Fonts and multilingual text

Executive overview

A successful global application must process text written in any language. In some cases, applications must even be able to process text written in more than one language. Many techniques that work well when processing English text will not work when processing languages like Arabic, Hindi and Thai. In this article, we will examine some reasons why processing multiple languages is more complicated, and then we'll look at the techniques needed to process them.

Processing text in applications

Each character processed by an application is represented by a number called a character code, or a code point. A collection of characters and their assigned character codes is called a coded character set, a code set, or a code page. Over the years, many different coded character sets have been defined for different hardware, communications environments and for different languages. One of the most recent coded character sets is called Unicode, which contains all of the characters needed to write all modern languages, and many older languages as well.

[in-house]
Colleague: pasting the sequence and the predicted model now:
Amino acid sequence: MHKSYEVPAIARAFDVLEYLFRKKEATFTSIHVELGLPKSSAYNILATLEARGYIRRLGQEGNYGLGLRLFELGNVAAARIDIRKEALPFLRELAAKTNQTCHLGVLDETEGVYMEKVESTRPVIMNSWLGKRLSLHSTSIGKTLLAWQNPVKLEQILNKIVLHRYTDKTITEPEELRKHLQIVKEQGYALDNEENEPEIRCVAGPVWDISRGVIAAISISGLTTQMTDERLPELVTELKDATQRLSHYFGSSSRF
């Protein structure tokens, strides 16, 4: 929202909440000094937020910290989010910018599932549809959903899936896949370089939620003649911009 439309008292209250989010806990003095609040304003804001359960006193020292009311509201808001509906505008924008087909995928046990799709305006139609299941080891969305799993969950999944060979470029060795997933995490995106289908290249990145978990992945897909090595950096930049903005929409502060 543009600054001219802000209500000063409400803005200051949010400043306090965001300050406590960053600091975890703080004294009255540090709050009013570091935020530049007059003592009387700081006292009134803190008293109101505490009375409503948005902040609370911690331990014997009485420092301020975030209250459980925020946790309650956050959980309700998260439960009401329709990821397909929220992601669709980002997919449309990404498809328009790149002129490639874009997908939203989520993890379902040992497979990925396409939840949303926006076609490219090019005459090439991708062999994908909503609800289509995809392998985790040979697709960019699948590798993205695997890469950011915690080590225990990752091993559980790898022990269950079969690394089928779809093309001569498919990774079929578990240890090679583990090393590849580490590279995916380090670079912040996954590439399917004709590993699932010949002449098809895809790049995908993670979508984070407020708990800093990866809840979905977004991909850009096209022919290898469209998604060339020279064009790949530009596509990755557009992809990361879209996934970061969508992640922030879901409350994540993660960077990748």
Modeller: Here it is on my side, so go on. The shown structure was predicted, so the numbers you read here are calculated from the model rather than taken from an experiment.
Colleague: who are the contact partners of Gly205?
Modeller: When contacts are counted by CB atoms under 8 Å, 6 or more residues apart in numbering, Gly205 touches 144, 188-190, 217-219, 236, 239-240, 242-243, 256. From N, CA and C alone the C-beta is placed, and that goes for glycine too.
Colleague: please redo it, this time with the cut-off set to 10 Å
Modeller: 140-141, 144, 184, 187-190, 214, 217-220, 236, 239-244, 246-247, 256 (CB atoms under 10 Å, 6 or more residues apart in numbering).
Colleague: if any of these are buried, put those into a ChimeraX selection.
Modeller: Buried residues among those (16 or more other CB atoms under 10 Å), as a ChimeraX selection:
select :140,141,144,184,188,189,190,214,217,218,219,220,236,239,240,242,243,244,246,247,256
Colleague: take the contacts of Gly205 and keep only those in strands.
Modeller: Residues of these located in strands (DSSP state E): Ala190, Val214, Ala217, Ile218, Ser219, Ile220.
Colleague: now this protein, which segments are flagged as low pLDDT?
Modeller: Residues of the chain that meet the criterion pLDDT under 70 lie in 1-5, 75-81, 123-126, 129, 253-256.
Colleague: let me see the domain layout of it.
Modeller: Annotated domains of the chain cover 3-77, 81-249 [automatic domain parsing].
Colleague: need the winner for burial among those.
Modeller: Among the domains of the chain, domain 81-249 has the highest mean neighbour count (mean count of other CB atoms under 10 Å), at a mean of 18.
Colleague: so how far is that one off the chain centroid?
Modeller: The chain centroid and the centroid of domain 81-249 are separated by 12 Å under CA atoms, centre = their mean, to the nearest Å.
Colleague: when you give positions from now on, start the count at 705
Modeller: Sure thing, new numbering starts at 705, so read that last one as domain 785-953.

The code points that represent a particular piece of text are stored sequentially in memory, usually in spoken order. Spoken order is also called phonetic order, or logical order. For English text, this means that the left-most character will be stored in the lowest address and the right-most character will be stored in the highest address. For Arabic text, which is written right-to-left, the order is reversed. For right-to-left texts, such as Arabic and Hebrew, the order in which text is stored in memory does not correspond to the order in which it is displayed or printed (assuming that you’re using a display or printer which is designed for left-to-right text). Later in this article we'll discuss other situations where this can be true.